He goes on to add: “The 2.6-litre flat-six engine had originally been developed for an IndyCar project that was abandoned and then recycled for the 936/81 which Jacky and I drove at Le Mans in 1981. As such, we knew that it was a bloody good engine and one that would go the distance. I should add that the Group C regulations limited fuel capacity to 100 litres, and we were only permitted five stops during the course of a 1000-kilometre race. I don’t think anyone at Porsche fully appreciated this, though.”
This became abundantly clear during the 956’s debut race, 1982 Silverstone 1000 Kilometres. ”Prior to the start, Jacky and I were told that we weren’t going to win because we would have to cruise around just to eke out our fuel mileage. We would never make the finish with our allocated fuel if we drove anywhere near our qualifying pace. As such, we finished second behind a works Lancia which was exploiting a one-year-only rule and ran to the old Group 6 regulations so could basically use as much fuel as it liked.
“Otherwise, the 956 was pretty much spot on from the outset. We had the B-spec version a year later, before it was superseded by the 962. Essentially an IMSA [International Motor Sports Association is a North American sports car racing governing body] version of the existing car, the major difference was the single turbo, 935-derived engine [2.8- and later 3.2-litres] and lengthened wheelbase to bring the pedal box behind the front axle line. It was a nicer car to drive than the original 956. I won a lot of races during that period, and to claim the 1985 World Endurance Championship alongside Hans Stuck was phenomenal.”
Warming to the theme, the racer recounts: “Looking back, what I loved most about driving for the factory team was the sense of camaraderie. I wasn’t a young pup anymore. I was in my forties when I started winning titles and big races on a regular basis. I relished being a key cog in the machine. Everyone knew what was expected of them. It was for this reason that I didn’t jump ship to the works Jaguar team when I was approached in 1985. Why would I want to give up what I had? Of course, what I didn’t know was that Porsche was about to pull out of sports car racing in favour of IndyCar!”
In addition to his factory team campaign, Bell was a prolific winner Stateside during the 1980s, competing in the IMSA GTP series. “I worked my butt off to establish myself in the USA and it was very kind to me. I have to thank Bob Akin for giving me a crucial foothold on the American sports car scene when he offered me a go in his Porsche 935K3 for the 1981 Daytona 24 Hours and Sebring 12 Hours. Once I got my feet under the table, I picked up drives and dovetailed outings in IMSA with my works gigs elsewhere, and from 1984-1988 I drove in IMSA exclusively for Al Holbert. We won a lot of races together.
“Al was a brilliant bloke. He was a fine driver, but he was also a superb engineer and another of those guys who led by example. Holbert Racing 962s were always immaculately prepared and looked fantastic in their Lowenbrau liveries. I won 19 races driving for Al, and I would quite happily have carried on racing for and with him until I hung up my helmet. In September 1988, Al showed me a model of a new car he intended building. He was aware that the 962 was nearing the end of the road but Porsche reckoned it would have cost $16m to do a new sports car from scratch. Al said he could do one for $1.6m. Unfortunately, the project never came to anything because he died in an aeroplane accident a day later. It was heart-breaking.”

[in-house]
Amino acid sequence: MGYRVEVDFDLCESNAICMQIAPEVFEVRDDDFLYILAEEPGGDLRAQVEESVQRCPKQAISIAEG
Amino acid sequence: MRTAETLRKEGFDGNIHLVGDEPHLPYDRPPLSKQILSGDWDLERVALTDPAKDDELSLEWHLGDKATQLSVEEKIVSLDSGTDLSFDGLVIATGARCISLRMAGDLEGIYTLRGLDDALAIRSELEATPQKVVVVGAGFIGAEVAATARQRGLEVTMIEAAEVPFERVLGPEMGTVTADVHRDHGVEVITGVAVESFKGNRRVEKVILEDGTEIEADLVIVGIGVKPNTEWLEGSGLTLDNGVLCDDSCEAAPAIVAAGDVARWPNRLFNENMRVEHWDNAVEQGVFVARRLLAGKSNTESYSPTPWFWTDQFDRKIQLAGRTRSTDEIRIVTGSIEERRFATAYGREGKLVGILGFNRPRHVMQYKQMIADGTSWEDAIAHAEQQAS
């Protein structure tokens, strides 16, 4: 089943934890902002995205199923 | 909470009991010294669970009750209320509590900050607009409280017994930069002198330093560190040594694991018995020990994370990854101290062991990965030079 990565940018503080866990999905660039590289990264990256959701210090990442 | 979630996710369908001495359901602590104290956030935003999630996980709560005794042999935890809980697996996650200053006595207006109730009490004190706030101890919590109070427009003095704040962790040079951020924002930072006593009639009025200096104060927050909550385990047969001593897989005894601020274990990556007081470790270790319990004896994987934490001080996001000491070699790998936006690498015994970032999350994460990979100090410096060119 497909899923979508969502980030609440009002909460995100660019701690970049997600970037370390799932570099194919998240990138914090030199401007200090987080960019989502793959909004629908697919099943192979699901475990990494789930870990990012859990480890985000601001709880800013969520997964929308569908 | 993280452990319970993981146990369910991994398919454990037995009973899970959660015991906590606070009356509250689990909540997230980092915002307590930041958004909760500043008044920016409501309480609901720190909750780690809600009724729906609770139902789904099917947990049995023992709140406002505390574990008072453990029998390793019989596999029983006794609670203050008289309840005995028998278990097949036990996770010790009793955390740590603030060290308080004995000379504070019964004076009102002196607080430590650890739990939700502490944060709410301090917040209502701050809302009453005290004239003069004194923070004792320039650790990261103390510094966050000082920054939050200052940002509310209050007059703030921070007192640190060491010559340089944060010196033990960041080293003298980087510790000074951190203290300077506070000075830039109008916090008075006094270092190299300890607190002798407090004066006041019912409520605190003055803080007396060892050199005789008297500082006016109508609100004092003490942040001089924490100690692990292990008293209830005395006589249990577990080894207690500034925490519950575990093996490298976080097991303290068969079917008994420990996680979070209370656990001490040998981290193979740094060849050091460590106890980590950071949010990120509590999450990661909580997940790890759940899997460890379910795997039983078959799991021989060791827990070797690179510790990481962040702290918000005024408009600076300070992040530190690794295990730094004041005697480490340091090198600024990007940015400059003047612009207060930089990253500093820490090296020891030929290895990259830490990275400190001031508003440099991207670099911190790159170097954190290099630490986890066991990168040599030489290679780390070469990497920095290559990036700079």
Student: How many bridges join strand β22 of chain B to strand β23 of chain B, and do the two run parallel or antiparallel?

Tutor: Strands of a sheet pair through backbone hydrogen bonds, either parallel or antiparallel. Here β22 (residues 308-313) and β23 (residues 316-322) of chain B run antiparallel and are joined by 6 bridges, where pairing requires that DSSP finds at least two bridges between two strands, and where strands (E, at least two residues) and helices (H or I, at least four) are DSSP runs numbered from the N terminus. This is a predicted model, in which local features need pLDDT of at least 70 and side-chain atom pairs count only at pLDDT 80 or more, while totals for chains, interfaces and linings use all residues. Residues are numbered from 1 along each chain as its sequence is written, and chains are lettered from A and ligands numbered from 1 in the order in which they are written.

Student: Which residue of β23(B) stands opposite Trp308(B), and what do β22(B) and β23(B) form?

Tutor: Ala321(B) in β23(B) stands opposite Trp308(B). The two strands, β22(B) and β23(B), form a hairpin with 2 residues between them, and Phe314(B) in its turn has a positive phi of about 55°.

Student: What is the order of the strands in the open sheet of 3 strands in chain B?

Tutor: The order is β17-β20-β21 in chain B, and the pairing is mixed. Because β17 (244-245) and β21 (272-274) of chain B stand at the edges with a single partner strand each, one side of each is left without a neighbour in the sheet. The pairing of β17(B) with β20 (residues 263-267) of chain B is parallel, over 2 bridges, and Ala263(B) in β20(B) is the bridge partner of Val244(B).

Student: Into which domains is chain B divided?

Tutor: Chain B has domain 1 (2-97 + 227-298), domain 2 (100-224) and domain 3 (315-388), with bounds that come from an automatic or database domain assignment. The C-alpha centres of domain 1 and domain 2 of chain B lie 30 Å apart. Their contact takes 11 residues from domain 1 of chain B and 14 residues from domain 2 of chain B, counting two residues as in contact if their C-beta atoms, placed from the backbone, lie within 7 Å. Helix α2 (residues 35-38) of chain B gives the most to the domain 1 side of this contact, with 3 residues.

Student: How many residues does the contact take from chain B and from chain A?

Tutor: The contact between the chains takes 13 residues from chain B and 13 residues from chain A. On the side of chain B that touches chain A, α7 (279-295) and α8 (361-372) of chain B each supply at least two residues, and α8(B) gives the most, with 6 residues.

Holbert’s death occurred in the same year that the works Porsche team withdrew from top-flight sports car racing following the 1988 Le Mans 24 Hours. Bell continued to claim major scalps aboard 962s, though, not least the 1989 Daytona 24 Hours driving for team owner Jim Busby, but his days as a factory driver were behind him. “I was 47-years-old when I won at Daytona for the third time, driving Jim’s Miller High Life car alongside Bob Wollek and John Andretti. In the final stages of the race, it was between us and the Jaguar XJR-9 of Price Cobb, John Nielsen and Andy Wallace. I believe the margin of victory was about 80 seconds. If you had told me before the race that we would finish, let alone win, I wouldn’t have believed you.”
Bell’s third victory at Daytona was also his eighth in a 24-hour race which was a new record. It was also the 962’s fiftieth win in IMSA in just five years. “I was at the sort of age where most racers have already long since retired, but I still loved driving and wasn’t embarrassing myself. I was a frontrunner still. Even in middle-age, my competitive instincts hadn’t dulled, and I have always looked after myself physically, so carrying on was never really an issue. During the 1990s, I drove for privateer teams once again, mostly in 962s and cars derived from it. I was fast enough to put my Kremer K8 on the front row at Le Mans in 1994.”
Having called time on his full-time career when he was in his late fifties, Bell nevertheless wasn’t averse to making the occasional comeback in historics, often in 962s. He competed in the 2018 Le Mans Classic and the following year’s HSR Classic Daytona Group C contest. He won the latter alongside son Justin, Kevin Jeanette and Rodrigo Sales when he was 78 years young.
“I do have great affection for the Group C Porsches,” he says by way of a parting shot. “I am not sure if I will race one again, but I often get asked to drive them, at Goodwood or elsewhere. There is always that same sense of familiarity. You could put me in one blindfolded and I would know instantly what I was in and where everything was. To be honest, I would drive one around a car park if that’s all that was on offer!”